If, however, you want a really quick route to making your basses sit ina mix, i would suggest getting a cheap Hofner copy and putting flatwound strings on it. Of course, it's not perfect for every style of music, but i think you would find yourself smiling as soon as you hear the way that tone sits in a track; it's rock solid low end that anchors a mix and doesn't get in the way of other instruments.

funny you should mention that, i worked a show this past weekend wher e hte bass player had a sub-$200 Hofner copy (can't remember the brand, had some guy's name up on the headstock) played through an SVT....it sounded phenomenal.

the brill bedroom
pushin' record
Posts: 233
Joined: Tue Aug 03, 2004 9:44 am
Location: Cambridge
Contact:

Post by the brill bedroom » Tue Jan 10, 2006 4:51 pm

congrats on your P bass. You can't go wrong for that price. A lot of bass technique comes down to muting; right hand, left hand, forearm whatever it takes. Again, try some flats. They're awesome for recording.

tsw
steve albini likes it
Posts: 385
Joined: Mon Aug 11, 2003 12:43 pm
Location: inner space
Contact:

Post by tsw » Tue Jan 10, 2006 10:16 pm

the brill bedroom wrote:congrats on your P bass. You can't go wrong for that price. A lot of bass technique comes down to muting; right hand, left hand, forearm whatever it takes. Again, try some flats. They're awesome for recording.
Yup. As much as I was digging the J's, I couldn't pass that deal up. I will have to try some flats. Whatever is on there right now is zinging way too much for my tastes.

Thanks again for all the input. Very cool.

nestle
re-cappin' neve
Posts: 713
Joined: Tue Feb 10, 2004 12:11 pm
Location: around somewhere

Post by nestle » Wed Jan 11, 2006 8:49 am

PEAVY-
the guitars suck, but the old T40 or 20 BAsses are excellent. The neck is so dead on, you can always change the pick ups. They are made of Ash so they are very dense. can be found for about $150-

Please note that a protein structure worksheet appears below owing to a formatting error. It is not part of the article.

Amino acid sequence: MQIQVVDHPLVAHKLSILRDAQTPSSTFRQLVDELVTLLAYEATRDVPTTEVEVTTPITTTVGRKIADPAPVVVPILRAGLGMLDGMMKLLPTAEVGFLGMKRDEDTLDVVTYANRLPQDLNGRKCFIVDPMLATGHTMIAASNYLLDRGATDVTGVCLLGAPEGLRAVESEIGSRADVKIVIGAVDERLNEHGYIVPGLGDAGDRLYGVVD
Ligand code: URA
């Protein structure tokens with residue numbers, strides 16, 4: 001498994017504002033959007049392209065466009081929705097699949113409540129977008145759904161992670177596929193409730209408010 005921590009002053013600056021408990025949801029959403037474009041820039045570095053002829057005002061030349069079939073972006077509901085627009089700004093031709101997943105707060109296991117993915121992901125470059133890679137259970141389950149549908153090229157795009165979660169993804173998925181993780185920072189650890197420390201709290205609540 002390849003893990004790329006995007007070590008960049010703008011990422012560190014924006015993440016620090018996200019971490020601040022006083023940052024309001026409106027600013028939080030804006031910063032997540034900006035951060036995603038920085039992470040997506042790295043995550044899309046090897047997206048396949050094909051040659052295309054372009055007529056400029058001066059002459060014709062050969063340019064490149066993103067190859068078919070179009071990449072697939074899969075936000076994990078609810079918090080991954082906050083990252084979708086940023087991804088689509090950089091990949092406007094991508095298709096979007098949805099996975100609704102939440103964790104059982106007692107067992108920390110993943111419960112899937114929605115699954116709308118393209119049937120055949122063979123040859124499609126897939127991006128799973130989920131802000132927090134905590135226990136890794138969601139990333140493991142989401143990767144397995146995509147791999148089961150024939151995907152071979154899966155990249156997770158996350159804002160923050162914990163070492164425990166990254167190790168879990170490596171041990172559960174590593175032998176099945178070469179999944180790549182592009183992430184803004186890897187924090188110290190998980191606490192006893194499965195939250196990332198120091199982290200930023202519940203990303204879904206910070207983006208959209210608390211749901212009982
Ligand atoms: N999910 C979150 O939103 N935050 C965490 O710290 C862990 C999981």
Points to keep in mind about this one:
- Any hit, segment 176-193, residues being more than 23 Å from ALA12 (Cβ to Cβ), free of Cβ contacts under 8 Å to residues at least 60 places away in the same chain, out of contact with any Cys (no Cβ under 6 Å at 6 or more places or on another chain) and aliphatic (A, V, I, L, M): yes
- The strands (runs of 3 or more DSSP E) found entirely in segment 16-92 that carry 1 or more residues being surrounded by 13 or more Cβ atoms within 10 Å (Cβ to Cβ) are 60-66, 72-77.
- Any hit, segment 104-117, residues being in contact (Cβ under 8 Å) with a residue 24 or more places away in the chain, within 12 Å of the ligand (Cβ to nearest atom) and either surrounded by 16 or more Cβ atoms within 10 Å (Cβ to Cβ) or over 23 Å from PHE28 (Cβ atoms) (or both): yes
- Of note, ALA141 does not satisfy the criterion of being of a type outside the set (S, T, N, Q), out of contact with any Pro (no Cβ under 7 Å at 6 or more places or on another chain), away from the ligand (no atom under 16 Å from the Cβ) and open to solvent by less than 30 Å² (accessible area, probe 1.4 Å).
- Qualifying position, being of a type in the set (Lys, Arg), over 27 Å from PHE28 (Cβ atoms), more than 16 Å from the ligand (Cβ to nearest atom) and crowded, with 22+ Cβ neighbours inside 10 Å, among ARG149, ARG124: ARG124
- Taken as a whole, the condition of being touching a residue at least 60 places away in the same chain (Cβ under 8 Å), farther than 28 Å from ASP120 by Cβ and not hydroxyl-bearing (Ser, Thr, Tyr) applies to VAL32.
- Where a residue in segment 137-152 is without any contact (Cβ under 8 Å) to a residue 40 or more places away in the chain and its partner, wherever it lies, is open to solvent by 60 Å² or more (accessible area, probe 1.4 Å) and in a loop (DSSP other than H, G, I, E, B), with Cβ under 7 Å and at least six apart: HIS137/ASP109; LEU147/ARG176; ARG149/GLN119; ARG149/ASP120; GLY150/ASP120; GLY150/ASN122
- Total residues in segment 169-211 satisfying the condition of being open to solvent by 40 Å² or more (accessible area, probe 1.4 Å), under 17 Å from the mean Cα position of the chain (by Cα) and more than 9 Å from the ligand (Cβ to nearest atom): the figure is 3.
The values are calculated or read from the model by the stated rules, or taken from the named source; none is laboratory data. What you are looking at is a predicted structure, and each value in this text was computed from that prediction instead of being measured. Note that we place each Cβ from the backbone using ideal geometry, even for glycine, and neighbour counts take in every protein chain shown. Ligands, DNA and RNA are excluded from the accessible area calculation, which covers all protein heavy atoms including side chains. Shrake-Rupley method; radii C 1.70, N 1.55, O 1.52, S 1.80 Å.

good enuff for the Fall AND Molly Hatchet !!!!!!!!!

d-bolan
gettin' sounds
Posts: 133
Joined: Fri Nov 14, 2003 5:53 pm
Location: Los Angeles
Contact:

Post by d-bolan » Wed Jan 11, 2006 8:54 am

I got this bass that I love to death. I got it brand new at Sam Ash for 99 bucks. It's a Carlo Robellio or something like that. I know Sam Ash always has them. It looks like a cheeseball bass but man I love the thing. It plays great and I plug it right into my 02 all the time. Can't beat 99 bucks.
call me rabbit fighter

daede
takin' a dinner break
Posts: 197
Joined: Tue Jul 27, 2004 7:14 am
Contact:

Post by daede » Wed Jan 11, 2006 9:10 am

blakbeltjonez wrote:funny you should mention that, i worked a show this past weekend wher e hte bass player had a sub-$200 Hofner copy (can't remember the brand, had some guy's name up on the headstock) played through an SVT....it sounded phenomenal.
Maybe a Jay Turser? I played one a week ago that was pretty cool, and it was $300 new. Sounded pretty nice, and it has had me jonesing for a bass.

I never shoulda traded my '68 PBass for a '59 Jazzmaster. Sounded good at the time, but that Jazzmaster had some serious issues. Now my bass is behind the glass display at Guitar Showcase in San Jose. Boo.
"There's nothing noble in being better than your fellow man. True nobility comes from being better than your former self." Or something like that.

www.dreamachinemusic.com

Post Reply

Who is online

Users browsing this forum: No registered users and 4 guests